A chat with pro-drug party president Greg Chipp

So many pro-weed parties this election! Can we hurry up and legalise it please?

With the election just around the corner, it’s time to think about the political side of weed legalisation. Much to our delight, there are a few parties running on a pro-weed ticket this year. One of which is the Drug Law Reform Party. We caught up with Greg Chipp, president of Drug Law Reform Australia and son of the late Don Chipp, inaugural leader of the Australian Democrats.

ALSO: A guide to the pro-weed parties in Election 2016

See Drug Law Reform Australia’s website here.

Why do you think cannabis should be legal?

It’s a travesty of justice that people can be arrested for possessing a plant, a herb, something that grows in the ground. There’s 66,000 young people arrested in Australia every year for doing something that even the Prime Minister has confessed on national television to having done.

There are other parties who are pro-legalisation, like the HEMP party and the Sex party, what separates you from them?

Quite a lot to be perfectly frank. We’re a single issue party, we’re staunch in our opposition and trying to get the drug law reform on the political agenda.

“I’m not against big business producing a quality product, but at the end of the day it should always be allowed to be grown as a plant”

Just to contrast, The Sex Party is a plethora of policies and very hard to define what they’re about apart from perhaps political opportunism.

And of course the HEMP party focusses on hemp and they were slinging insults at us earlier in the year calling us the “All Drug Party”. Personally, I don’t see how you could be opposed to the persecution and prosecution of people who use cannabis without opposing the entire criminalisation of people that use all drugs. And the position on all drugs is not to encourage their use, even with cannabis, but simply to say that someone using a substance for their own pleasure should not be criminalised.

What are the major obstacles for legalisation at present?

At the end of the day I think it really comes down to prejudice and ignorance. We’ve had 50 years of prohibition and the propaganda has sinked through where there is so much erroneous information about the effects of drugs. At the end of the day prejudice that’s very hard to overcome, but ultimately it will happen.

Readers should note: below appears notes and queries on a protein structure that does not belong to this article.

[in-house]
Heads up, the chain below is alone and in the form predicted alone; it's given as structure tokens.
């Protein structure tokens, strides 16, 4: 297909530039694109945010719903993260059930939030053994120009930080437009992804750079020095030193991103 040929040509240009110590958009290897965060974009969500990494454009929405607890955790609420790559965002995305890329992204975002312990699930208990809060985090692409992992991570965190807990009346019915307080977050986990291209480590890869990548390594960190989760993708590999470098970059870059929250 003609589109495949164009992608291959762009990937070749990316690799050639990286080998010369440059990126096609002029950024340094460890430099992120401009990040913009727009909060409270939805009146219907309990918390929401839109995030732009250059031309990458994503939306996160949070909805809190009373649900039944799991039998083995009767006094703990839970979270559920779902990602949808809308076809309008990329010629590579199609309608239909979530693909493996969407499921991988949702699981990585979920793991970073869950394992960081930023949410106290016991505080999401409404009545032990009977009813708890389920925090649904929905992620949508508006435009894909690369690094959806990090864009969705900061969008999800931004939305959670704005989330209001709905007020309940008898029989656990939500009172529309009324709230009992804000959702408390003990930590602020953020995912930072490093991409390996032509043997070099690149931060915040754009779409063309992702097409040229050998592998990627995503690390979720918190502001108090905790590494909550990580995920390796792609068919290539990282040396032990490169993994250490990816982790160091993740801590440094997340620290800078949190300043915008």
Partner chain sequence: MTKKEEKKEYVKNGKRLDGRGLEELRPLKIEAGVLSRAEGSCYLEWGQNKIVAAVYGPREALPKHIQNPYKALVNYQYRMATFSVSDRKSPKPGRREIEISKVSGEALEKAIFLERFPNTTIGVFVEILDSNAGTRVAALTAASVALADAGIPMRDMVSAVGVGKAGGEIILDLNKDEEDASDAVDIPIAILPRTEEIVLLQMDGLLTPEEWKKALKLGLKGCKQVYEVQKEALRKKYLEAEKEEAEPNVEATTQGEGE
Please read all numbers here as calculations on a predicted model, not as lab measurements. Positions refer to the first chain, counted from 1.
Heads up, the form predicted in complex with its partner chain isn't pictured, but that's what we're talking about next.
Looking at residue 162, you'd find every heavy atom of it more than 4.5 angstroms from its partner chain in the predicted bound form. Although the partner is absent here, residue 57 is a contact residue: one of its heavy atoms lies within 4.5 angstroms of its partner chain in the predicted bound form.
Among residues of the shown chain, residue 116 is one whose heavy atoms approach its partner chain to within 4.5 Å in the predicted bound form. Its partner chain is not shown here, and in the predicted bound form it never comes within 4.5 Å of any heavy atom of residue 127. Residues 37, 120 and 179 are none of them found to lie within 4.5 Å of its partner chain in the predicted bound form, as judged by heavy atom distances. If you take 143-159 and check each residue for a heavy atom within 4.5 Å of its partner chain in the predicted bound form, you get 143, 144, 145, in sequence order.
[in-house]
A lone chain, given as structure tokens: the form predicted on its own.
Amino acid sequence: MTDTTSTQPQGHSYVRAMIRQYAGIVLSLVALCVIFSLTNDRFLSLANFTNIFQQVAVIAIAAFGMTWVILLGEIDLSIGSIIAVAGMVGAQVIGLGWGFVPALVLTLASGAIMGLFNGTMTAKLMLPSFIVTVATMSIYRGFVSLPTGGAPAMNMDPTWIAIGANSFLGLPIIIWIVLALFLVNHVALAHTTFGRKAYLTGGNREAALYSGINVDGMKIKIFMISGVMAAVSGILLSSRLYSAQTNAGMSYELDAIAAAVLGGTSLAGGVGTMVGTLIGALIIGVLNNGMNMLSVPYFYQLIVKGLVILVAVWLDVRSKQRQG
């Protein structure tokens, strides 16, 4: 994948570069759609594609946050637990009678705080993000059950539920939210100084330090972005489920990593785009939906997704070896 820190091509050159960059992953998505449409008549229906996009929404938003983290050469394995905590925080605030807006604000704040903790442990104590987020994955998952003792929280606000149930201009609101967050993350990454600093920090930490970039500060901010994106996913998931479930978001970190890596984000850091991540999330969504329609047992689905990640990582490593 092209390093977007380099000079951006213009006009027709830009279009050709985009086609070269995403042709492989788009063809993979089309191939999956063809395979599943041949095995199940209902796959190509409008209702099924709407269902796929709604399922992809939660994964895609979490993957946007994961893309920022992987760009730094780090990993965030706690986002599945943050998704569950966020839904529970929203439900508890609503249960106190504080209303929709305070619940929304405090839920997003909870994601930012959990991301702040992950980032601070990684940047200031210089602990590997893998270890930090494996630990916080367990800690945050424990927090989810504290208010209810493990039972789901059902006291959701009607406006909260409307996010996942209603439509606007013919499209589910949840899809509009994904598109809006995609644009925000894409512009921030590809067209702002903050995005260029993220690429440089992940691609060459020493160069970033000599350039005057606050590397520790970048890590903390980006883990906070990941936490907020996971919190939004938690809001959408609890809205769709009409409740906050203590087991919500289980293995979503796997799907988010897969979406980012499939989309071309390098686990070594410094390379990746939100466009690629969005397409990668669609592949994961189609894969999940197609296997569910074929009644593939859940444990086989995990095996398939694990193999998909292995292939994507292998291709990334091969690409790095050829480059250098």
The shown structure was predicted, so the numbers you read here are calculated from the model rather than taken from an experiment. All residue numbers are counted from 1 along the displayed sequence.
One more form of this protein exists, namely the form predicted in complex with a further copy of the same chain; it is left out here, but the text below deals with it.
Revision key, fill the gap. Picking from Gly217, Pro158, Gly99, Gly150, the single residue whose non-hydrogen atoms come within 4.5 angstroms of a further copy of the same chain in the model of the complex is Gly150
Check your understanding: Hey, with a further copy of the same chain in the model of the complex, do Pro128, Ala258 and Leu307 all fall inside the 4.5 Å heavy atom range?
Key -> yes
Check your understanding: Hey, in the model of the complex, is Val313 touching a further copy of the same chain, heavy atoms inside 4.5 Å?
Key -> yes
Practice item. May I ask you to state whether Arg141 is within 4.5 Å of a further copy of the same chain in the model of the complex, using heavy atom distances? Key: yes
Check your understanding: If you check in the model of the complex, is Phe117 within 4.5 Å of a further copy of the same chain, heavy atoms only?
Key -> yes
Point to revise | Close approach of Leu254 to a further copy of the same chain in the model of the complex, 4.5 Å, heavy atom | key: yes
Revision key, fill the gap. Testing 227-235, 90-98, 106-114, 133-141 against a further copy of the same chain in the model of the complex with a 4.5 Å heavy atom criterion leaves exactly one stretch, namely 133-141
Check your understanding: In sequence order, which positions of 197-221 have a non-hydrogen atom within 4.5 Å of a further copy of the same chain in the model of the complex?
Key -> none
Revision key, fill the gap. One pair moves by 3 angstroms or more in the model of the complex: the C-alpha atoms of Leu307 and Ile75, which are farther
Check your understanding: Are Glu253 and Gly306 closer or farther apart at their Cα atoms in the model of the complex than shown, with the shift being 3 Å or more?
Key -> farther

Greg with a supporter in St. Kilda

Greg with a supporter in St. Kilda

What sort of a model to you envisage for legal cannabis in Australia?

There would be two parallel markets. I’m not against big business producing a quality product, but at the end of the day it should always be allowed to be grown as a plant. To try and protect businesses interest by limiting people’s ability to grow a plant would just be more of the same prohibition under a different name.

Do you smoke cannabis? Why?

Currently I don’t use cannabis, because I’m too bloody busy, but I used it for 35 years of my life intermittently … Cannabis to me has been a relaxant; it’s been a passport to communication the world over with people of a similar mind, people that are independent … It’s a question of personal freedom that I’ve used to express myself and allowed me to meet people of a similar disposition the world over.

So there’s been a lot of talk lately about Malcolm Turnbull smoking pot – would you have a joint with him?

Look I’m not that fussy who I smoke with so I suppose I would if he was up for it.

I do find the hypocrisy of politicians breathtaking in the fact that Malcolm Turnbull can laugh on national television about smoking cannabis and not be conscience-bound to change the cannabis laws. He must realise there’s a blight on the whole Australian justice system.

Remember this sick as photoshop job from our editor?

Remember this sick as photoshop job?

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